An Evergreen Advent


This weekend, as I sat in our pew at Mass, I realized that I thrive in Advent.

Maybe it’s because I’m a planner. I love the season of preparation as we wait for the arrival of Christ, a vulnerable naked baby born in Bethlehem. I smile every time I light our Advent candles, and the smell of fresh greenery brings back childhood memories.

Every Christmas, I’m filled with a mix of excitement for celebrations, but sad to see Advent go.

But this year, I’m coming to a realization that Christ invites us into a season of waiting for him, and that season doesn’t end with when December 24th makes its annual appearance on our calendar.

Although we’ll pack away our Advent wreath, we’re still called to live in ‘Advent,’ a word that literally means ‘coming’ or ‘arrival.’

Who is coming? Who’s arrival are waiting for? Christ’s.

We’re not only called to reflect on his first coming in the Incarnation, his birth as a baby, but also his second coming at the end of time, where we’ll meet him face to face.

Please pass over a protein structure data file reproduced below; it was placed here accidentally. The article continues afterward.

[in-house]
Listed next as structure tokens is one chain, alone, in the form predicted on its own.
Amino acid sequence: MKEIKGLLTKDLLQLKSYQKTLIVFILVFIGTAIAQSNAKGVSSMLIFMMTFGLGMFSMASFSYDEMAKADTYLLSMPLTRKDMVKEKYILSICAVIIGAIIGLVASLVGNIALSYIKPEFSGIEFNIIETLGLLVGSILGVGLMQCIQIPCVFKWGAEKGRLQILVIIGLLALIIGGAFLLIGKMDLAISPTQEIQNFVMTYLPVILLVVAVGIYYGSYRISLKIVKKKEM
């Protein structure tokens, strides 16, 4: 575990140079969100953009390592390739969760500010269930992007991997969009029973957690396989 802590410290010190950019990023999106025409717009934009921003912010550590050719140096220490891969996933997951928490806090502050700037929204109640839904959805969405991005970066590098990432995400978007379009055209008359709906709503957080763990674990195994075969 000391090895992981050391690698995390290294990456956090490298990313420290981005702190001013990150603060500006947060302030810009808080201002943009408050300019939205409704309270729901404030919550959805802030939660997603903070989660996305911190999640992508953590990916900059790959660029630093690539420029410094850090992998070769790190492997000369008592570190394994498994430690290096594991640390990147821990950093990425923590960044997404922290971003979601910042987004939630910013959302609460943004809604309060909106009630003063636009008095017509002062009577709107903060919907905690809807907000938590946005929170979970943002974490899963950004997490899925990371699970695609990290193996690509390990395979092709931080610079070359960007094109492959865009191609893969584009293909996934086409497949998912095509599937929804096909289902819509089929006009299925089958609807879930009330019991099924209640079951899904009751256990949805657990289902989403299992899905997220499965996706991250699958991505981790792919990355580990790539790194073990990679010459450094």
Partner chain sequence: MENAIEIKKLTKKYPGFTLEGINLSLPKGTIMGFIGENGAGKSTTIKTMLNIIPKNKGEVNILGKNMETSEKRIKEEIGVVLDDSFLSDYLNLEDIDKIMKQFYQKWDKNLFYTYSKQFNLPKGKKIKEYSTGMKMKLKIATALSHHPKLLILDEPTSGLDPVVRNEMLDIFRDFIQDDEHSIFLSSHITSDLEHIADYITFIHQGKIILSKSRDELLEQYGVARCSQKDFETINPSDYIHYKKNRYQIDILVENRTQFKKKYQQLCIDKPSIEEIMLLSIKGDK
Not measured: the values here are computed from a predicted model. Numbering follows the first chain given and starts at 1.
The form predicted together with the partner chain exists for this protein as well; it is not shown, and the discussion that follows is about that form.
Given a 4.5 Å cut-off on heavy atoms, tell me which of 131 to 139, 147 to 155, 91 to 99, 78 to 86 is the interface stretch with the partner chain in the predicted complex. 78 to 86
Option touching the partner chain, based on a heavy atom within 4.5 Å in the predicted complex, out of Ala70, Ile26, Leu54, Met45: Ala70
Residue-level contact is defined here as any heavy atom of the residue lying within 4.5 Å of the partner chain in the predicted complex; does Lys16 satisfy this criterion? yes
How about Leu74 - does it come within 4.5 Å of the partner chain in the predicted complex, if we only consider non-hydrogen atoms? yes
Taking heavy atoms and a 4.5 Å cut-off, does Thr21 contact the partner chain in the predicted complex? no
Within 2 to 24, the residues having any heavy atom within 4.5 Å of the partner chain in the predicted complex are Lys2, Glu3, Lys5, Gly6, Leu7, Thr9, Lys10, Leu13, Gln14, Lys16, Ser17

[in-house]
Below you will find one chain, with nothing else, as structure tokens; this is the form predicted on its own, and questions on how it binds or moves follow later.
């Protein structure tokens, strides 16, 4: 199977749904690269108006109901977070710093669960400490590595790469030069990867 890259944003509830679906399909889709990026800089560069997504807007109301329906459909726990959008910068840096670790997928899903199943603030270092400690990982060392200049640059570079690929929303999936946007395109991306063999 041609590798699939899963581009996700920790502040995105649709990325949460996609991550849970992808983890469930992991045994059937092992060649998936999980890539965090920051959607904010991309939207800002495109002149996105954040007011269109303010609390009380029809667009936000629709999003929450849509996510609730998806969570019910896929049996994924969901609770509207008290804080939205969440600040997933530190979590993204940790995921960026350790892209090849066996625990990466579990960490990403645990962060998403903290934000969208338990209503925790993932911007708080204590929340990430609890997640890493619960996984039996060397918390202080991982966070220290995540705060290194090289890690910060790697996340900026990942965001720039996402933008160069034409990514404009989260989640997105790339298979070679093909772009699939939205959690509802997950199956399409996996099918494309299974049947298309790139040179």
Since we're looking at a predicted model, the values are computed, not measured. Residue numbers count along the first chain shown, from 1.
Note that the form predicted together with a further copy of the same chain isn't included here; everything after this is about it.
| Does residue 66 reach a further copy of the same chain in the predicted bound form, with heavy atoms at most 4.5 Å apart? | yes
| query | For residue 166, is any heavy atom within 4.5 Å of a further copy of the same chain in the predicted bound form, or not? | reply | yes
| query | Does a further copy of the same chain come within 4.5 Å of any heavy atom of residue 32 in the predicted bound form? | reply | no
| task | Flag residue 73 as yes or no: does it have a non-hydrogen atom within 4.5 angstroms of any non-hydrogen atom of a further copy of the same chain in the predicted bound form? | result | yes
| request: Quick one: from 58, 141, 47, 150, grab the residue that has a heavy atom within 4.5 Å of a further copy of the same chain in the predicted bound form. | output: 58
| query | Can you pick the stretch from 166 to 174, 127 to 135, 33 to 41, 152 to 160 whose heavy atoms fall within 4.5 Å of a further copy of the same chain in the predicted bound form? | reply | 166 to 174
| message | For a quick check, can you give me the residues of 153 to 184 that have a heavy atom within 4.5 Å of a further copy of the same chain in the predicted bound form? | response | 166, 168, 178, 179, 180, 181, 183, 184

No one knows the hour or day the Lord will return, and for most of us, it could be that the first time we see him face to face is not at the final judgement, but at our own judgement after death.

The Catechism talks about this double meaning of Advent beautifully, saying, “When the Church celebrates the liturgy of Advent each year, she makes present this ancient expectancy of the Messiah, for by sharing in the long preparation for the Savior’s first coming, the faithful renew their ardent desire for his second coming” (CCC 524).

Our Advent should be as evergreen as the trees we decorate this Christmas season. Our waiting doesn’t end - we constantly call out ‘Marantha,’ ‘Come, O Lord!’

As if I needed another excuse to burn candles all year round.

“Lord Jesus, Master of both the light and the darkness, send your Holy Spirit upon our preparations for Christmas. We who have so much to do seek quiet spaces to hear your voice each day. We who are anxious over many things look forward to your coming among us. We who are blessed in so many ways long for the complete joy of your kingdom. We whose hearts are heavy seek the joy of your presence. We are your people, walking in darkness, yet seeking the light. To you we say,  ‘Come Lord Jesus!’
— Henri Nousen

- Henri Nouwen